22. indyspirits

    Gin flowers

    Perhaps you have your answer there?? We've done elderflowers in the gin basket to some success. As others have said, they turn unpleasant when macerated.
  23. indyspirits

    Distillery Floor Treatment

    I find epoxy expensive (we're at 5K sq ft) and a bit Slippery When Wet (ahhh, harkening back to my freshman year college days!). Our floor is sealed concrete with saw-cut joints. I wish we would have had these filled as they're a PITA to clean. We use a pressure washer surface cleaner 2x / per year.
  24. indyspirits

    Understanding impact of Commercial enzymes on Mash Bill

    Starch test will tell you if there's any remaining starch and, well, if there's no starch it must have all been cleaved to long chain sugars. Ours is anywhere between 45 mins to 75 mins depending, I assume, on the quality of the grind and maybe the "freshness" of HTA?? Youre spot on in that adding all grains on the way up is a fools errand. Sounds like you have it will under control.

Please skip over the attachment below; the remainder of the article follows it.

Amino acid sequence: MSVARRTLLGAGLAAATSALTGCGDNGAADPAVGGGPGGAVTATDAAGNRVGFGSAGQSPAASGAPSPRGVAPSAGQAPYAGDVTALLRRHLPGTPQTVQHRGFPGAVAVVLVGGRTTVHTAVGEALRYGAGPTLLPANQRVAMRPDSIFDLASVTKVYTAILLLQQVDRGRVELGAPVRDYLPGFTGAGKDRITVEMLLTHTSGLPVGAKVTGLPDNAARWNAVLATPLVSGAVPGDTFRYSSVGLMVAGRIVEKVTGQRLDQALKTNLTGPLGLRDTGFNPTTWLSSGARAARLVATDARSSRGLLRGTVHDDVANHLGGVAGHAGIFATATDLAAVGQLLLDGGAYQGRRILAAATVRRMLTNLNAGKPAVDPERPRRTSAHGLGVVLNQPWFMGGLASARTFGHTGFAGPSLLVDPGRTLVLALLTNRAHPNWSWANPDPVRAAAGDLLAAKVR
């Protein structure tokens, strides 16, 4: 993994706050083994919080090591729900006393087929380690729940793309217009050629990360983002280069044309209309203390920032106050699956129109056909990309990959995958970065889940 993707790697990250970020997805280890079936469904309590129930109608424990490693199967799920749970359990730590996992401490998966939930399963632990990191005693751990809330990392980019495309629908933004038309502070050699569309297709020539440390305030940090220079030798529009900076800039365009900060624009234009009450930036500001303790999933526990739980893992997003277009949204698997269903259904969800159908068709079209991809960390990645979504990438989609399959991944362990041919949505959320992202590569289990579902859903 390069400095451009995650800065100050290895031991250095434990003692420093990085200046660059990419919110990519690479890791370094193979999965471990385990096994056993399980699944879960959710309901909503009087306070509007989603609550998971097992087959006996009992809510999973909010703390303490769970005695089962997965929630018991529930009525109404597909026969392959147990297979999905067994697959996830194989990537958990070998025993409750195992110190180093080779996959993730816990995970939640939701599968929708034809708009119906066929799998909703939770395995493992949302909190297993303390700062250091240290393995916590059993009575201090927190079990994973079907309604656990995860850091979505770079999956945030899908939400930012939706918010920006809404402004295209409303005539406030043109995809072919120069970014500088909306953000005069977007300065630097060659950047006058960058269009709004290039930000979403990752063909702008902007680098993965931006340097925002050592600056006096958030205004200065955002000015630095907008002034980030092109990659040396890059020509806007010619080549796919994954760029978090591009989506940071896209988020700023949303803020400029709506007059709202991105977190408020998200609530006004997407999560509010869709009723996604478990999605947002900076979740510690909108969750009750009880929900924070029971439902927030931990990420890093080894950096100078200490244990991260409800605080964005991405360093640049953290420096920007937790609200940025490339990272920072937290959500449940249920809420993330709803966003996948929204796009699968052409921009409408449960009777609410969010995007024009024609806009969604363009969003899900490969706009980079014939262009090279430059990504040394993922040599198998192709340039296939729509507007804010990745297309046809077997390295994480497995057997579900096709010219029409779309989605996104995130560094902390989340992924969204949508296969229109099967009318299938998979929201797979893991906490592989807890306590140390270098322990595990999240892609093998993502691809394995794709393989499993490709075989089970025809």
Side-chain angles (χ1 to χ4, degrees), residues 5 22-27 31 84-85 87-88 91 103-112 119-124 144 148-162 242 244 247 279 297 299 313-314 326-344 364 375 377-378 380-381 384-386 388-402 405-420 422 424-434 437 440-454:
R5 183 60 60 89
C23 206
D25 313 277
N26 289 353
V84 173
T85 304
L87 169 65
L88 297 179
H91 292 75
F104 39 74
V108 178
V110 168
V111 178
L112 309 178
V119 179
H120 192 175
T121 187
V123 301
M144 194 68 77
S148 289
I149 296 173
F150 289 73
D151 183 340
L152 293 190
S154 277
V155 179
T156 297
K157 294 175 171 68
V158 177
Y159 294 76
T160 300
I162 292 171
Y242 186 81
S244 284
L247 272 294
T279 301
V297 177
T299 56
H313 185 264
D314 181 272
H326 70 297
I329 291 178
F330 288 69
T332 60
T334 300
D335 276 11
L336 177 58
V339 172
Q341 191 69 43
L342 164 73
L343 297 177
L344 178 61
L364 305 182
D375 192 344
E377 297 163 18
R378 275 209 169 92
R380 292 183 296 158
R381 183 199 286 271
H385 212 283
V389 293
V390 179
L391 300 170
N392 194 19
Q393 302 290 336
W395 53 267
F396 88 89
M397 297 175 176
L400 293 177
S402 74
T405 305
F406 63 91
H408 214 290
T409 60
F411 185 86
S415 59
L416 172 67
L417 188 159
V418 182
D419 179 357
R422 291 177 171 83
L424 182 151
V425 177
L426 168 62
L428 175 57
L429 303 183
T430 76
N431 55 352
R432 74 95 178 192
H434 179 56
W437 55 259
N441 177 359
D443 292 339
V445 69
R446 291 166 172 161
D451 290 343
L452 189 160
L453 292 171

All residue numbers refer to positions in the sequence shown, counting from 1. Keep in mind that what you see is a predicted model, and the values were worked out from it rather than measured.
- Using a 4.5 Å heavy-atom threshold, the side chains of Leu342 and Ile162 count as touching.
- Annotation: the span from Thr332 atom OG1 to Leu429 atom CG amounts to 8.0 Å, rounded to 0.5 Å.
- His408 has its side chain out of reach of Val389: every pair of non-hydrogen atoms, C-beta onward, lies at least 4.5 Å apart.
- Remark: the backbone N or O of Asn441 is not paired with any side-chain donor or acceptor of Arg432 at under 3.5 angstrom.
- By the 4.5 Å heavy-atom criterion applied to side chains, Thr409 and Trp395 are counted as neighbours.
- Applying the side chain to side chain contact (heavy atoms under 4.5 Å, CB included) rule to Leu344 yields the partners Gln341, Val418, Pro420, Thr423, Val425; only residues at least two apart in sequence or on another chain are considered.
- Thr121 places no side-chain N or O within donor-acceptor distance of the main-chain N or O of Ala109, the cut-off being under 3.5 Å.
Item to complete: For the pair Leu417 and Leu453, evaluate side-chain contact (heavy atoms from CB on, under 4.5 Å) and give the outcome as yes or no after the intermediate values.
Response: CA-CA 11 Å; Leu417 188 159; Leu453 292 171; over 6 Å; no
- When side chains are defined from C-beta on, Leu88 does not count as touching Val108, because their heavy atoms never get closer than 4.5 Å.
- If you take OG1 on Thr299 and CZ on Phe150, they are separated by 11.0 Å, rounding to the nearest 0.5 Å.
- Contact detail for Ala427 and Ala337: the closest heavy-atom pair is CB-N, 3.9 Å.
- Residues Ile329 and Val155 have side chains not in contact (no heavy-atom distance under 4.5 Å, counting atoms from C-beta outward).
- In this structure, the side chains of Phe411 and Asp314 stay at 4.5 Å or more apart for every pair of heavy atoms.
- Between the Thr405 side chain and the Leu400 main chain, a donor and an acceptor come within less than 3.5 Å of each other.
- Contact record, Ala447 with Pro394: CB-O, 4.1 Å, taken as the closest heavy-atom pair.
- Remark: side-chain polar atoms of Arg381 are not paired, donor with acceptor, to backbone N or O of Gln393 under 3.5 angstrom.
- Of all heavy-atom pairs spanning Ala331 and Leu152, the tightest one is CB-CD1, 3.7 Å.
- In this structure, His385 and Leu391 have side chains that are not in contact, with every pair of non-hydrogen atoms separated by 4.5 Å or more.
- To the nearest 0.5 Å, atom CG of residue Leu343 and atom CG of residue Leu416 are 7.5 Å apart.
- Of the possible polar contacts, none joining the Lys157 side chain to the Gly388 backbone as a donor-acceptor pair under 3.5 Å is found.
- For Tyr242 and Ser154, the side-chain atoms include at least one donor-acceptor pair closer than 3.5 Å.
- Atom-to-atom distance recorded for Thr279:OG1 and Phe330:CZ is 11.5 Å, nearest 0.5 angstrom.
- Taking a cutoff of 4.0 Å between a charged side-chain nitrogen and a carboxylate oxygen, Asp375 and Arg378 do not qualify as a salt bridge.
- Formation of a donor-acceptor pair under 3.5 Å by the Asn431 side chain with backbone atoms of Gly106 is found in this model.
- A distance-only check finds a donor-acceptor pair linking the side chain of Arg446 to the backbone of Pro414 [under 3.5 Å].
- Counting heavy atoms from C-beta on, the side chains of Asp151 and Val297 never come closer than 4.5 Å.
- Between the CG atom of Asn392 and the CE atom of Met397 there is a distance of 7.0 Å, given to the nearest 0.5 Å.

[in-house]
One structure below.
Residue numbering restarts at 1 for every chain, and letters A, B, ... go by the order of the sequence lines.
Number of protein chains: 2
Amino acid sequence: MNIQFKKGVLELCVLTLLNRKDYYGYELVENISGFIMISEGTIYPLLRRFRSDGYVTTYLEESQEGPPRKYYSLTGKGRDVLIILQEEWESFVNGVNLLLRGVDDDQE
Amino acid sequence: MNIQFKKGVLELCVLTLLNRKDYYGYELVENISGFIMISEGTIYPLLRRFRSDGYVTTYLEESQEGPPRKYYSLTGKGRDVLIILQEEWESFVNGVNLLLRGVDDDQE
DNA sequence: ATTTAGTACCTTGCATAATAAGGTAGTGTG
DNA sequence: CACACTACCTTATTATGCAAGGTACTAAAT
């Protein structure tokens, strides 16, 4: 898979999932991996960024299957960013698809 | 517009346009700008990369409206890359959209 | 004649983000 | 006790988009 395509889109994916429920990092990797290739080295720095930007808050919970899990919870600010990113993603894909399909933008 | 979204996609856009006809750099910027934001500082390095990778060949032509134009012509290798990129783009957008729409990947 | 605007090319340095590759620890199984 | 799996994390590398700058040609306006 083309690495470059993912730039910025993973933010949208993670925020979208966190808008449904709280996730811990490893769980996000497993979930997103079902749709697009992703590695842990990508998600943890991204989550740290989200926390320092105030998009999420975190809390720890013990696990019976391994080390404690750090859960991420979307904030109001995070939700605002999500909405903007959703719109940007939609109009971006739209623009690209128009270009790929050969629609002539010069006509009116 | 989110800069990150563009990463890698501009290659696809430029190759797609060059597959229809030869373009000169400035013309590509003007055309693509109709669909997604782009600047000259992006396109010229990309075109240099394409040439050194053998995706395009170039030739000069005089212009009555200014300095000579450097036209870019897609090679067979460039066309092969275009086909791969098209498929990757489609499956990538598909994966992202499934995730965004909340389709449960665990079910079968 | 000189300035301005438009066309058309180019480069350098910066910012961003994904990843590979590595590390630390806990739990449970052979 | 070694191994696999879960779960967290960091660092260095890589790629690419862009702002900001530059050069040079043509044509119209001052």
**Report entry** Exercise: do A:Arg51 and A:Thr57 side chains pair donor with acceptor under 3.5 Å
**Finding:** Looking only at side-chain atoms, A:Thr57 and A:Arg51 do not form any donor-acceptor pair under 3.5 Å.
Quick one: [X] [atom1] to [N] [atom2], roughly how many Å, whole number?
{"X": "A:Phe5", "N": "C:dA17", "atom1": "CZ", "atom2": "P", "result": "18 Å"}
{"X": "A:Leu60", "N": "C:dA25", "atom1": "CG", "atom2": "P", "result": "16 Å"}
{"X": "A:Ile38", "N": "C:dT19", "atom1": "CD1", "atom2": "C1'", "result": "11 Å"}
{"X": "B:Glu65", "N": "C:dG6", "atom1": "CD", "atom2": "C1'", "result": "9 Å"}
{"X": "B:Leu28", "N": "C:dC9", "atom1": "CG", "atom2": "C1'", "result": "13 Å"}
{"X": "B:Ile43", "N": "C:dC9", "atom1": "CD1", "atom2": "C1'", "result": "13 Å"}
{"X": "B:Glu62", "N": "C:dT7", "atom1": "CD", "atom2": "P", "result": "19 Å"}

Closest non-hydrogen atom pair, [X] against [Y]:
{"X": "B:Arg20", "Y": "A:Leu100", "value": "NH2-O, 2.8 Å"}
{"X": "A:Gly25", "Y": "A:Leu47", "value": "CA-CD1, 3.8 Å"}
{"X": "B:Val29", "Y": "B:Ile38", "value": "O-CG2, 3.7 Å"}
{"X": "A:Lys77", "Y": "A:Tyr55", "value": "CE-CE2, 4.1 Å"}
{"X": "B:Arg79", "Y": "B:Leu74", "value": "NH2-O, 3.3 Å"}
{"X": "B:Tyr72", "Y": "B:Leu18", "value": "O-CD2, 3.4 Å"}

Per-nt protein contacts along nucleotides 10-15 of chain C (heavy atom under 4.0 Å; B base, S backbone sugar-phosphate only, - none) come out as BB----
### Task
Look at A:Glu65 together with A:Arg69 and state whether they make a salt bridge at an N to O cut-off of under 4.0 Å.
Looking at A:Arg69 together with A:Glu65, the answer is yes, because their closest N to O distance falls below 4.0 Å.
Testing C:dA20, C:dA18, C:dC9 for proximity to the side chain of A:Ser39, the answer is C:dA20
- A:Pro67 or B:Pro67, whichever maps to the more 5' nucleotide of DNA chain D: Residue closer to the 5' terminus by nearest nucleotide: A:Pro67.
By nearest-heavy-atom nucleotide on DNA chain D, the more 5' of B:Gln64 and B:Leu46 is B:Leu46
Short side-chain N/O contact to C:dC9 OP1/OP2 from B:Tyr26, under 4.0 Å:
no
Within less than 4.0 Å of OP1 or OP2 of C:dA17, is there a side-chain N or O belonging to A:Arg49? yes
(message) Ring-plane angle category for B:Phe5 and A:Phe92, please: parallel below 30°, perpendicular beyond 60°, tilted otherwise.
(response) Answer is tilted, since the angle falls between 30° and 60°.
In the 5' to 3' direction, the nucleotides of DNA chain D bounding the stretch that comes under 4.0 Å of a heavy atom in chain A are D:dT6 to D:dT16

25. indyspirits

    Understanding impact of Commercial enzymes on Mash Bill

    Is this a bourbon mash bill, i.e. is there corn in there with the rye & barley? Edit: Read and re-read that you're using milled corn so the answer to my question is "yes". The consultant is partially right. The starch in corn is bound in a tight matrix, the best way for the alpha to get at is is to soak it in hot water. There's a paper out there that says 183 is fine. We always heat to 190, add HTA, and hold until negative starch test, lower the temp to under 160 they add our barley / rye / quinoa / oats / whatever. I have very rarely experienced an infected bourbon mash. If you cool quickly then pitch an appropriate amount of yeast it will out-compete any wild bugs. Heating your other-that-corn grains to 185 will server only to denature naturally occurring enzymes.